Advance for researchers from the IGTP and ISGLobal seeking biomarkers for Chagas disease

The analysis of extracellular vesicles directly isolated from a patient's plasma identifies one parasite protein and 19 human proteins that decrease after treatment

- Research

Extracellular vesicles (EVs) that circulate in the blood of Chagas disease patients are a valuable tool to identify potential markers of therapeutic response, according to a study led by researchers at the ISGlobal, an institution supported by "la Caixa",  and the IGTP. With this strategy, the research team identified for the first time a series of proteins, including one from the parasite, that could serve to assess the response to existing or new treatments.

Chagas disease, caused by the Trypanosoma cruzi parasite, is among the most prevalent parasitic infections in Latin America, and is responsible for several million clinical cases in the region. In addition, and as a result of the migratory flows of the last decades, the cases have considerably spread to other regions where the disease vector is not present. Therefore, there is a need to improve existing diagnostic and therapeutic tools, which are far from optimal.

One of the most urgent needs is finding good markers to evaluate early response to treatment, since antibodies, which are used to diagnose the disease, are not a good response marker (they last 10 to 20 years). For this reason, ISGlobal researchers Maria Jesus Pinazo (IGlobal) and Carmen Fernández-Becerra (ISGlobal-IGTP), joined their teams to investigate whether EVs (nanovesicles loeaded with proteins and released by almost any cell type, including pathogens) could provide a solution. In fact, the project has obtained funding by 'La Marató' TV3.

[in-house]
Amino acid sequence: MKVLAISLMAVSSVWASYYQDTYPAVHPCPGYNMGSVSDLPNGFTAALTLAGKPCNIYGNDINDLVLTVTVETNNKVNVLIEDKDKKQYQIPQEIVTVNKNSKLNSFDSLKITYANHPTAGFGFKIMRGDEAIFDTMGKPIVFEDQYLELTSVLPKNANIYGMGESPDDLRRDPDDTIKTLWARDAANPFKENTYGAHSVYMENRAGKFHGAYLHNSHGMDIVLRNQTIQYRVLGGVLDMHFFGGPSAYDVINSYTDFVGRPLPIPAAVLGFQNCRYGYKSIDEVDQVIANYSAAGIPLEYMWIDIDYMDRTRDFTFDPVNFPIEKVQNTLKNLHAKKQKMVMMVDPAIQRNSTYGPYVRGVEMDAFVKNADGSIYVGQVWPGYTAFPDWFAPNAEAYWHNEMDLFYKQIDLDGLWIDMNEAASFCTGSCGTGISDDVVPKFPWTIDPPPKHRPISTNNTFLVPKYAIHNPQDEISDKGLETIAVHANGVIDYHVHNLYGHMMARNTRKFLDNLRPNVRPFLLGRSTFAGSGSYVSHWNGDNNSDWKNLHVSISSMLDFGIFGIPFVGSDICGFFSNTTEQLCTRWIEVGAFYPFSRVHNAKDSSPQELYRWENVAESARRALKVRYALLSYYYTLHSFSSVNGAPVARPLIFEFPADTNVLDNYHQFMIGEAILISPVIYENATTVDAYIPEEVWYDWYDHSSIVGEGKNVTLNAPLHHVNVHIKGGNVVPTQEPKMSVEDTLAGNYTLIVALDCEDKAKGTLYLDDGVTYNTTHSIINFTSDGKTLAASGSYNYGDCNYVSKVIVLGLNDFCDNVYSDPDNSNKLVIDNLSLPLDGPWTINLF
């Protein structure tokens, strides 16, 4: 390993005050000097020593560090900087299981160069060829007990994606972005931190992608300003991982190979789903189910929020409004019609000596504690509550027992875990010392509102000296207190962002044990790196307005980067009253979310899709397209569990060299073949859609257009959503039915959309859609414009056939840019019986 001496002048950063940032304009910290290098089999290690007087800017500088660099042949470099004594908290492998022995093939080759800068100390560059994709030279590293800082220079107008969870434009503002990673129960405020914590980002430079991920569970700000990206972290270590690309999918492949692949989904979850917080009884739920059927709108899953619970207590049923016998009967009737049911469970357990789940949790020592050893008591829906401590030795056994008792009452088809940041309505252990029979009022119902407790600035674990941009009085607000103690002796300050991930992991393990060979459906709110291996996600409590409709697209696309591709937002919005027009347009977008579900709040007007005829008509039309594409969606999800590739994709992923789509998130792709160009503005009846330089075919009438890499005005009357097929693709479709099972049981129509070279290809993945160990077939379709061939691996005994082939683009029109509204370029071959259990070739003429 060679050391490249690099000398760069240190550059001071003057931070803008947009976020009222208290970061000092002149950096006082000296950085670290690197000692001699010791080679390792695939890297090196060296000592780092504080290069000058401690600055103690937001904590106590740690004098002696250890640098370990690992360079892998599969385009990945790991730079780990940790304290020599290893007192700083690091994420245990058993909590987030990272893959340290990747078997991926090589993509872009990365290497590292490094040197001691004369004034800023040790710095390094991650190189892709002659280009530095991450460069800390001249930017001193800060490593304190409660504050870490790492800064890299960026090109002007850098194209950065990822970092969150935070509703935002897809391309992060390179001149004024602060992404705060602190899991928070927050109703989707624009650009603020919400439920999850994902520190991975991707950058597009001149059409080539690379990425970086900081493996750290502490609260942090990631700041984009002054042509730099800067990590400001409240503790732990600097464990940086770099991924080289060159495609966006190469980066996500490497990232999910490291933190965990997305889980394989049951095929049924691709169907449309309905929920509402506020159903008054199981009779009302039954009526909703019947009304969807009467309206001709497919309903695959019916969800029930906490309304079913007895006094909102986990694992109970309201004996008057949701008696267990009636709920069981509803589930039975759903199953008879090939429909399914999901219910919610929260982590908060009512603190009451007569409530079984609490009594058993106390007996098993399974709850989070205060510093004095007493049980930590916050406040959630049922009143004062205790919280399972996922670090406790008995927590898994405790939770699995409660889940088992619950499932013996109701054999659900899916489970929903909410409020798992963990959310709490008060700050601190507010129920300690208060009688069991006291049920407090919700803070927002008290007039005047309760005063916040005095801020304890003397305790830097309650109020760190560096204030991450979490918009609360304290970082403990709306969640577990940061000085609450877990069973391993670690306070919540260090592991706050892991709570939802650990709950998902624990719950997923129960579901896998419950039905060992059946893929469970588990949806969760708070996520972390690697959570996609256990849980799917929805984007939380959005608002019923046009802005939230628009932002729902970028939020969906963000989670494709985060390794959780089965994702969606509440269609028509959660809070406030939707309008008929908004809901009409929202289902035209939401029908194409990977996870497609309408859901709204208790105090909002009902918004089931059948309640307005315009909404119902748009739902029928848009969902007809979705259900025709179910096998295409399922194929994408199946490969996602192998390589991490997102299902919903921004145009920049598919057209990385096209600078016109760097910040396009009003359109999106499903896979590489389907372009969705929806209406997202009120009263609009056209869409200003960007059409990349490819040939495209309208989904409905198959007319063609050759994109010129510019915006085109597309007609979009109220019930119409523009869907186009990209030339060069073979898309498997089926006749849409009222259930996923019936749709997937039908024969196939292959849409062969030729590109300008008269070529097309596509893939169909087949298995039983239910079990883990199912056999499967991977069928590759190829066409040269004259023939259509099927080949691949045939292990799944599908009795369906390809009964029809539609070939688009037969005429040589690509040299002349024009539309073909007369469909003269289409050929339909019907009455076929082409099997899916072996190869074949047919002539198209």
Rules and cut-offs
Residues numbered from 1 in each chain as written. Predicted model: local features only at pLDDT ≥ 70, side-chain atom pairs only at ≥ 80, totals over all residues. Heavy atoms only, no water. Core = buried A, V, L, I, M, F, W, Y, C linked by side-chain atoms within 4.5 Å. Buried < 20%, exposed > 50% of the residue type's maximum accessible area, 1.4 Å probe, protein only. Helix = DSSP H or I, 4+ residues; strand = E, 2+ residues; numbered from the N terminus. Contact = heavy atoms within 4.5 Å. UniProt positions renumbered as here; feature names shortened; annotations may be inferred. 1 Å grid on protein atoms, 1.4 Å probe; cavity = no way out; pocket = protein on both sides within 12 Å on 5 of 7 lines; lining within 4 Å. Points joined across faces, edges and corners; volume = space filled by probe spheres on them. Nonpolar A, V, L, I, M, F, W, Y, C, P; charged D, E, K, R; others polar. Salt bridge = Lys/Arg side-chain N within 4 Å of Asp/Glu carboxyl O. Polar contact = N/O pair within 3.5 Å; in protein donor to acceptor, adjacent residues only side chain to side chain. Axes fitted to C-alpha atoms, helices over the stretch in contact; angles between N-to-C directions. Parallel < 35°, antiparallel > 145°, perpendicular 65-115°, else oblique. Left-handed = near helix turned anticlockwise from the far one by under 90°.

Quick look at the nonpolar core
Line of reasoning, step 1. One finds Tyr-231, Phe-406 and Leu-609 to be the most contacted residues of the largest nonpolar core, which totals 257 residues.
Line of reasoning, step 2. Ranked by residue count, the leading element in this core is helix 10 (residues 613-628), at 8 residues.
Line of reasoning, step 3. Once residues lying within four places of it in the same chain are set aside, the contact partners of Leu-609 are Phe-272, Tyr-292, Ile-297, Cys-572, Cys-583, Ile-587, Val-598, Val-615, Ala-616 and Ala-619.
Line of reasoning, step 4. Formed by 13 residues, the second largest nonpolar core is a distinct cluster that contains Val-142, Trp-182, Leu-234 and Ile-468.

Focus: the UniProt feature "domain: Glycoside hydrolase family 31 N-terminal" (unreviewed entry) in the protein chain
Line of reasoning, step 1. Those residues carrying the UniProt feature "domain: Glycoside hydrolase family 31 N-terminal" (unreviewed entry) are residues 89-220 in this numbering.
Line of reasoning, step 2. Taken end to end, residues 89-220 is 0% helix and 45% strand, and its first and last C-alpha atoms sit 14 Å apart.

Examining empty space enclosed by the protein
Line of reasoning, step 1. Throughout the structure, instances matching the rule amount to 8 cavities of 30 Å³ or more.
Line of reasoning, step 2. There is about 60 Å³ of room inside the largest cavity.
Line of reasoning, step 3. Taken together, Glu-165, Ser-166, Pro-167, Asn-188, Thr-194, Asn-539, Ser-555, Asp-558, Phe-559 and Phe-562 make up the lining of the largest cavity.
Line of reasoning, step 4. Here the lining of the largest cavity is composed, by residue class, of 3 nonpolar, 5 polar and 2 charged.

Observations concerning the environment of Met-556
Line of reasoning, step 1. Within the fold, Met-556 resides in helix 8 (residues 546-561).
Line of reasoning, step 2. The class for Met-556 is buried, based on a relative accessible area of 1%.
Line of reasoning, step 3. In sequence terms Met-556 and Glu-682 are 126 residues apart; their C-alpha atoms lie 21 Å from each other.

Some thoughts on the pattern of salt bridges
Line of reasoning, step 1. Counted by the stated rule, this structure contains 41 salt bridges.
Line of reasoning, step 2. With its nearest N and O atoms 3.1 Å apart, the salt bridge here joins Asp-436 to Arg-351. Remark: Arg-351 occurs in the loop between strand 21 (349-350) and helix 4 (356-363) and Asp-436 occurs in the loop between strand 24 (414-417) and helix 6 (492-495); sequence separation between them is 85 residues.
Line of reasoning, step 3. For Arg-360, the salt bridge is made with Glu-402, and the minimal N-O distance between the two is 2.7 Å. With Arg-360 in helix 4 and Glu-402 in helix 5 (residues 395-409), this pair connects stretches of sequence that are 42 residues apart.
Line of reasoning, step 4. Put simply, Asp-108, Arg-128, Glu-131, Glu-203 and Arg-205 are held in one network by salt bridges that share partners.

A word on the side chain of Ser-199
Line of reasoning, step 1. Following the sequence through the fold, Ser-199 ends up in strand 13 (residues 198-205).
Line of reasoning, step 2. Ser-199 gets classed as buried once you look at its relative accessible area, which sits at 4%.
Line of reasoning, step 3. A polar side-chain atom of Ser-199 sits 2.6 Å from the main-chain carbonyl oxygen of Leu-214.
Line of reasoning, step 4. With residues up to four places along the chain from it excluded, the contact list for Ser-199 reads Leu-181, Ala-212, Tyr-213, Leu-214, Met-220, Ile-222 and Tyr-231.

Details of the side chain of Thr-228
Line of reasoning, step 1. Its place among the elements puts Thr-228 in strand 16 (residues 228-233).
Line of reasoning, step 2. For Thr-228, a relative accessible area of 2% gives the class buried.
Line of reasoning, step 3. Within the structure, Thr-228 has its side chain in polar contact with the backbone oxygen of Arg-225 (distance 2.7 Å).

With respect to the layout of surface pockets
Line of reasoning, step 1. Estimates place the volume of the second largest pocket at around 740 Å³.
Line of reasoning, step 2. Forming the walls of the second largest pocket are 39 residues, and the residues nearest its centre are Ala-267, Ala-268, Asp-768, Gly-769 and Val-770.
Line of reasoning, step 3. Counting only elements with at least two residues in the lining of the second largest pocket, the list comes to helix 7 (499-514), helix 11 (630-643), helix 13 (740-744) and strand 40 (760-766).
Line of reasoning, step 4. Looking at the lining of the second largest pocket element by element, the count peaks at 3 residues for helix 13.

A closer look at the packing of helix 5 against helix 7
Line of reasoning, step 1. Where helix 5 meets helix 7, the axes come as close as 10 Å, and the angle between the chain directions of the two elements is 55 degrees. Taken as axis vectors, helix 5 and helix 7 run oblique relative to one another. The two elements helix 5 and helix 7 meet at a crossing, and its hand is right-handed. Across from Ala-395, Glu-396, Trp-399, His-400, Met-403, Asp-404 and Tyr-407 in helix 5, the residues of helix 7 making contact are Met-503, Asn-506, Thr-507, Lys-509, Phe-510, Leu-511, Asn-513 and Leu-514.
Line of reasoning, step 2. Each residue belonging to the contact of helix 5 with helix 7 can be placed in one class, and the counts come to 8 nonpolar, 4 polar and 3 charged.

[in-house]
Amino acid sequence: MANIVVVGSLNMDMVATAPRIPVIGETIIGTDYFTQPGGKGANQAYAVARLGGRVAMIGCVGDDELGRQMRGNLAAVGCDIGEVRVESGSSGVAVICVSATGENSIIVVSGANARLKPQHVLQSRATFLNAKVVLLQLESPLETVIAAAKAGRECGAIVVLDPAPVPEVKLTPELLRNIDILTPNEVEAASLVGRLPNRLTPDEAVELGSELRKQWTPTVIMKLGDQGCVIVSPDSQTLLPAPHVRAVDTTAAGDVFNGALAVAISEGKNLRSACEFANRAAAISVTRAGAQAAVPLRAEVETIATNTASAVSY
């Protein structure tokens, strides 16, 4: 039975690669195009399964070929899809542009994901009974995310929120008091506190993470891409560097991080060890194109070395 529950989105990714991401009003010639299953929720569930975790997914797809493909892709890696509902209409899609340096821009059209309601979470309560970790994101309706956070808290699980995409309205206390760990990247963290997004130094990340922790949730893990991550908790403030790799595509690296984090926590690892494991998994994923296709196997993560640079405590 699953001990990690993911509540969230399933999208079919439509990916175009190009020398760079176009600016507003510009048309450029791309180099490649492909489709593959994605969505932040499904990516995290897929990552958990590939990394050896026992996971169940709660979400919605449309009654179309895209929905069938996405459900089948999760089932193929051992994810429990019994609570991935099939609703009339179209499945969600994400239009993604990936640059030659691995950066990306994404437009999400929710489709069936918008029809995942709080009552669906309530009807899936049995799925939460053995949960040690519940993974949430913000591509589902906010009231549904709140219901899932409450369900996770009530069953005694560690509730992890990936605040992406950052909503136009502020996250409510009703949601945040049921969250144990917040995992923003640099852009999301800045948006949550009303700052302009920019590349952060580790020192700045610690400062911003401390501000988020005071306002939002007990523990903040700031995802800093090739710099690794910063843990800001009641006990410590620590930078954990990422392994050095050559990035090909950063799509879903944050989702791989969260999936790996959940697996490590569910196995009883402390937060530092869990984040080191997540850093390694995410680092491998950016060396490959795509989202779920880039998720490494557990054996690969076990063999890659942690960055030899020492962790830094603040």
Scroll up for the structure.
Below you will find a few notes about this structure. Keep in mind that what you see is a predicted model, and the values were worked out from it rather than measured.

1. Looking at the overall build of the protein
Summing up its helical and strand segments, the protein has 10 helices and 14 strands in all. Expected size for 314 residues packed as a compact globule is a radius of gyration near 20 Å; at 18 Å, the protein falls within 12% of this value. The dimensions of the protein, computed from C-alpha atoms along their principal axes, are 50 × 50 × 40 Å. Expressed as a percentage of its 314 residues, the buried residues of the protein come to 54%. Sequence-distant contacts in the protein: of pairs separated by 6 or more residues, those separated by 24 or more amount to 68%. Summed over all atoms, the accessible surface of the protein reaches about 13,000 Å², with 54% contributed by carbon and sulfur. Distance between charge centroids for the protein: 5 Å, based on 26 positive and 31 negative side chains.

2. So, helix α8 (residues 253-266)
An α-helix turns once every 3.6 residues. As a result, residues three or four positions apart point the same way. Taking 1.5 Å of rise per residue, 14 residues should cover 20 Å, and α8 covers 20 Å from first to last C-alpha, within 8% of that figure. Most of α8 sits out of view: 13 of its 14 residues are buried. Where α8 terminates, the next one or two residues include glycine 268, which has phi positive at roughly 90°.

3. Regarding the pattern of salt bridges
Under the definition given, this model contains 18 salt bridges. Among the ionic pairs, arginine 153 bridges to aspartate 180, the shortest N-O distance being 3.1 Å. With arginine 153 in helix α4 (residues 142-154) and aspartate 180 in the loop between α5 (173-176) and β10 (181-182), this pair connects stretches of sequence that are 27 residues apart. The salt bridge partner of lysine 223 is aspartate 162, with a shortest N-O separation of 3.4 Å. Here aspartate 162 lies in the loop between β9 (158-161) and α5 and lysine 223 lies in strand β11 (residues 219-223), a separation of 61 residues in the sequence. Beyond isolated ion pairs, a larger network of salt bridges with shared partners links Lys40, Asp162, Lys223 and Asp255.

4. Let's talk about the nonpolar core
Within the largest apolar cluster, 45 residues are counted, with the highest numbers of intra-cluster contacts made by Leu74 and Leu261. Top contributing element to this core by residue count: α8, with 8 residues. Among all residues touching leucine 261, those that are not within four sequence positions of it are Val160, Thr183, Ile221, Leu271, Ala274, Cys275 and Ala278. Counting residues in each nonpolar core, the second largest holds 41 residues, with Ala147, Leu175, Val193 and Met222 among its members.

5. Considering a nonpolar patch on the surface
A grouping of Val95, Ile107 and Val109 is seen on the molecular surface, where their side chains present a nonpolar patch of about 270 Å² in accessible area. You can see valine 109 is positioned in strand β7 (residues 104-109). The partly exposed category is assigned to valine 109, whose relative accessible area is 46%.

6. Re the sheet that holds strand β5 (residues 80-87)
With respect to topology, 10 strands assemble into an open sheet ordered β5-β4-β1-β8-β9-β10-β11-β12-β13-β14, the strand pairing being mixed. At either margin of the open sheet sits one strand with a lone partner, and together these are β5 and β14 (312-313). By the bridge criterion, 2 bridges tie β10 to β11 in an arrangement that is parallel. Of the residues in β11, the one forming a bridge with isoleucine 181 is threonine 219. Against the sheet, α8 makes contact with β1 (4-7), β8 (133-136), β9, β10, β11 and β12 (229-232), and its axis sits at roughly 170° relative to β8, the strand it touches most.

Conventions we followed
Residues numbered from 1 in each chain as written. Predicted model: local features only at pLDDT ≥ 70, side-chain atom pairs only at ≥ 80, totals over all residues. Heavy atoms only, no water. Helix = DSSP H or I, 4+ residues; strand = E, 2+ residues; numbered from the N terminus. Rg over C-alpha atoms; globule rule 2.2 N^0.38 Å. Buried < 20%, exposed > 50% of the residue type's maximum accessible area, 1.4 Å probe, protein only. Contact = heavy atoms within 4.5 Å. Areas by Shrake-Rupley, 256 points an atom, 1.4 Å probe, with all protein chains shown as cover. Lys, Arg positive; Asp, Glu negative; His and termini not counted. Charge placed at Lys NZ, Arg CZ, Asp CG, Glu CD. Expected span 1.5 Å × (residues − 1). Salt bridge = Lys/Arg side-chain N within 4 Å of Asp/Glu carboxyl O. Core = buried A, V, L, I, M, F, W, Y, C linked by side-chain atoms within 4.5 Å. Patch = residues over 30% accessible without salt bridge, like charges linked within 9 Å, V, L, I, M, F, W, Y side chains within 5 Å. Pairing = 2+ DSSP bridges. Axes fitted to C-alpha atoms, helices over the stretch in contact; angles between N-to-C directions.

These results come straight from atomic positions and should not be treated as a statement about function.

In the study's first clinical case, the research team isolated EVs directly from the plasma of a patient with chronic Chagas disease, before and after treatment. They detected a parasite protein and 19 human proteins that were present in the EVs before treatment but that decreased or disappeared after treatment. These results have set the bases for a patent, partly funded by Ginjol and Agaur-FEDER awards.

"The proteins that were present in the extracellular vesicles before treatment, but that decreased or disappeared after treatment, represent potential markers of therapeutic response, although more studies with more patients are needed for their validation," says Fernández-Becerra. 


Cortes-Serra N, Tays Mendes M, Mazagatos C. Plasma-Derived Extracellular Vesicles as Potential Biomarkers in Heart Transplant Patient with. Emerging Infectious Diseases. August 2020.